The Daughter Chronicles

Monday, November 21, 2005

What's the big deal?

Norah rolled over this weekend. Good times. She still has not figured out how to get her arm out from under her, and once she gets onto her stomach, she hasn't figured out that rolling back onto her back is pretty easy. If we put her on her stomach, she can roll onto her back easily enough, but if she rolls onto her stomach herself, she gets stuck. Oh, the vagaries of learning how to move! I'm pretty happy about it, because she is often bored and I keep telling her that if she moves around more often she won't be as bored. People tell me then I will be chasing her around, but you know - after having a kid who doesn't do that sort of thing, I'm looking forward to a kid who does. I'll be less bored then too.

Krys was very upset because she missed the big event. She was whining last week about working so much and missing their development, and then, on Saturday when Norah actually managed it, she was outside selling our car. So she missed it anyway. But my point is - so what? We put WAY too much emphasis on "the first time" kids do something. Norah rolled over - that's a good thing, but it's not like she won't ever do it again. I don't even remember when Mia rolled over, nor what her first word was, nor any of the other milestones kids have. Krys probably wrote them down somewhere, but it's not like I care all that much. It's nice that Norah is progressing, and maybe I'll feel differently when she starts walking, but it's not that big a deal. Am I a cold, heartless bastard? Could be.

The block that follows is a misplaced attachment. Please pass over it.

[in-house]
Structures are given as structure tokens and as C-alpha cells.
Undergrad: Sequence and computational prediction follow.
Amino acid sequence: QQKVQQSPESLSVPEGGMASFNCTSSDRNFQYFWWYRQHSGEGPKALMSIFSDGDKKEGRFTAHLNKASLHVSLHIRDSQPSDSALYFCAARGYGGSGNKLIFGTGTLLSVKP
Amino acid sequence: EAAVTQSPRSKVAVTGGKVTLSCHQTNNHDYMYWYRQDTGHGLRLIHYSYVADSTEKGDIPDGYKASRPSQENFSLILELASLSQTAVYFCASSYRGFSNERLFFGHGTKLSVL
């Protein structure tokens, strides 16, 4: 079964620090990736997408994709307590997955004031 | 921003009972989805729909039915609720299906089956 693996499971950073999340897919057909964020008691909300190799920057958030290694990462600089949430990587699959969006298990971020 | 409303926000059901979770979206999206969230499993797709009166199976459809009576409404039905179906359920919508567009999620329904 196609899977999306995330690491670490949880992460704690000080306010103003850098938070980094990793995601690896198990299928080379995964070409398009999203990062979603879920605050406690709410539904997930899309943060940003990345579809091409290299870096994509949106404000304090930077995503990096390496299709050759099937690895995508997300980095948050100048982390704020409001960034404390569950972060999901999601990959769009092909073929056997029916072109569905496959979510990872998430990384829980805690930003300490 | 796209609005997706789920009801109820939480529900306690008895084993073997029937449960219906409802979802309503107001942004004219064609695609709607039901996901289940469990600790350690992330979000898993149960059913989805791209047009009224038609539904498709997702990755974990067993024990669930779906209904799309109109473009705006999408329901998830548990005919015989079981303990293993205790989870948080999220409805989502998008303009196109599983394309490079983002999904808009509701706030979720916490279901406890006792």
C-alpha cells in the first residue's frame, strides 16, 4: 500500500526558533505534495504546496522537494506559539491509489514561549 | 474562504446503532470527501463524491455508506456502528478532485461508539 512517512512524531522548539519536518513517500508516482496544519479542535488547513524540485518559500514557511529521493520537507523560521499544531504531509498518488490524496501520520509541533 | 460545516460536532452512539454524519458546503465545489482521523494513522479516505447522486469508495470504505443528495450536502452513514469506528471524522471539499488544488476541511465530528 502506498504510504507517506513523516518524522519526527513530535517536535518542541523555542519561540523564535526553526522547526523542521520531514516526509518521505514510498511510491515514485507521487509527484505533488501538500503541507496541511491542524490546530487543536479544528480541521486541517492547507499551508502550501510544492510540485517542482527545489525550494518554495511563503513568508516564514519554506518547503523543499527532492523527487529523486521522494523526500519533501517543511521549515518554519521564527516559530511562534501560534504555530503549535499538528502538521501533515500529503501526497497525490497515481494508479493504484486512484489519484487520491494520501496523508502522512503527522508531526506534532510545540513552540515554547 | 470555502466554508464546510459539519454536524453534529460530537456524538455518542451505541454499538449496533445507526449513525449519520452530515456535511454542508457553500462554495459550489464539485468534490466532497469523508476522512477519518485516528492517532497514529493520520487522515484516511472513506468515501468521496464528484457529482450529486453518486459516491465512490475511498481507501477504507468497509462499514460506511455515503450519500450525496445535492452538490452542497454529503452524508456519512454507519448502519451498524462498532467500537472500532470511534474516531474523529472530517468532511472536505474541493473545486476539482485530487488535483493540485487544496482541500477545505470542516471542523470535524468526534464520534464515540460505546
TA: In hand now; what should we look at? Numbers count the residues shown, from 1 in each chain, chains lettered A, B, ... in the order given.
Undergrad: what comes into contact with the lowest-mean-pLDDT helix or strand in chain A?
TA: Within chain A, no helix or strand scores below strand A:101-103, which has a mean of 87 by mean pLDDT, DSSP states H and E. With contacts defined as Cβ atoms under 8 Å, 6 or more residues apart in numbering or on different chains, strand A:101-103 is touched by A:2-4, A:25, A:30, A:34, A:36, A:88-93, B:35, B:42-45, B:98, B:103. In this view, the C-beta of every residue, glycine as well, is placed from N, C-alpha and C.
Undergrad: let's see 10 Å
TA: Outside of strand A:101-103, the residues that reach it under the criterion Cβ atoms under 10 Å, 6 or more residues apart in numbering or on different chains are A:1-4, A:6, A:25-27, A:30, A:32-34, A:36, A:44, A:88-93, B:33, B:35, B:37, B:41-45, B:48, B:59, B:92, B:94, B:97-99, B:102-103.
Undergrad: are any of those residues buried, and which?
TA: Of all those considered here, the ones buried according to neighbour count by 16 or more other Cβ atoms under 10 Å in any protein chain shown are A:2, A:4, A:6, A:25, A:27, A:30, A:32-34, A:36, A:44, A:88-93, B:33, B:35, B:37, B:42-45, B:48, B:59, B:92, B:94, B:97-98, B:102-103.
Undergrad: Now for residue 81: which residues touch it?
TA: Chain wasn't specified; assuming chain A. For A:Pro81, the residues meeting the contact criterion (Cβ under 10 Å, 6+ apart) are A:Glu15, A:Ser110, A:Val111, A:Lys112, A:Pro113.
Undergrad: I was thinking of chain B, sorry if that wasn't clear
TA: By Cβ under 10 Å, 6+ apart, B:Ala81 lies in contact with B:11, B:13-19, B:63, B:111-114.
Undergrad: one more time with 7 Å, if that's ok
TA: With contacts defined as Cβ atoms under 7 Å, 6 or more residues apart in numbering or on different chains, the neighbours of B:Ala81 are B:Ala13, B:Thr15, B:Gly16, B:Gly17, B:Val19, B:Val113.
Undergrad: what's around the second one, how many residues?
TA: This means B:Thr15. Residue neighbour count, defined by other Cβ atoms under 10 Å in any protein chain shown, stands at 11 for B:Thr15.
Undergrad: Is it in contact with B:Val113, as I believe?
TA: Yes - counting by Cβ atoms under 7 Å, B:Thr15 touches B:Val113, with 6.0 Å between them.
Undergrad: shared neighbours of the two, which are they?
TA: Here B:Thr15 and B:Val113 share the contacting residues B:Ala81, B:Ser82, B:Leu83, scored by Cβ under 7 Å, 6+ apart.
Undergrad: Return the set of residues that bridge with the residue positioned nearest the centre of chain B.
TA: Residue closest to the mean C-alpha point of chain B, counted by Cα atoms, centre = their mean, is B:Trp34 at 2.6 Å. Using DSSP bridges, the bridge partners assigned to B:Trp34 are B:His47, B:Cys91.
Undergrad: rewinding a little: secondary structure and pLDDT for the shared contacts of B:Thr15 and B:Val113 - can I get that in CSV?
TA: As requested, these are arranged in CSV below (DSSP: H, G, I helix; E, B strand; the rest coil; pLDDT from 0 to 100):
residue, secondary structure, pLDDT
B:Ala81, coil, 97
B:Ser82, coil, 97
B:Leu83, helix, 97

Krys's baby book says that at 20 weeks, Norah should be "well established" with eating solid foods. Whoops! That's something we have to work on. If the book says so, it must be right! So far, she's not a fan. Wait until we hit her with vegetables! Bwah-ha-ha-ha!

1 Comments:

  • Actually, I'm not all that into the first time either. It seems too transient to me, too ephemeral and too much like forcing you to buy a video camera when what really matters are all the thousand of smiles after the first one, the thousands of steps that take our children places, the millions of words after their first. They are always the sum of all their moments. There is no missing them -- they are all right there, in front of us, refusing to eat their broccoli.

    By Blogger Stuntmother, at 27/11/05 8:19 PM  

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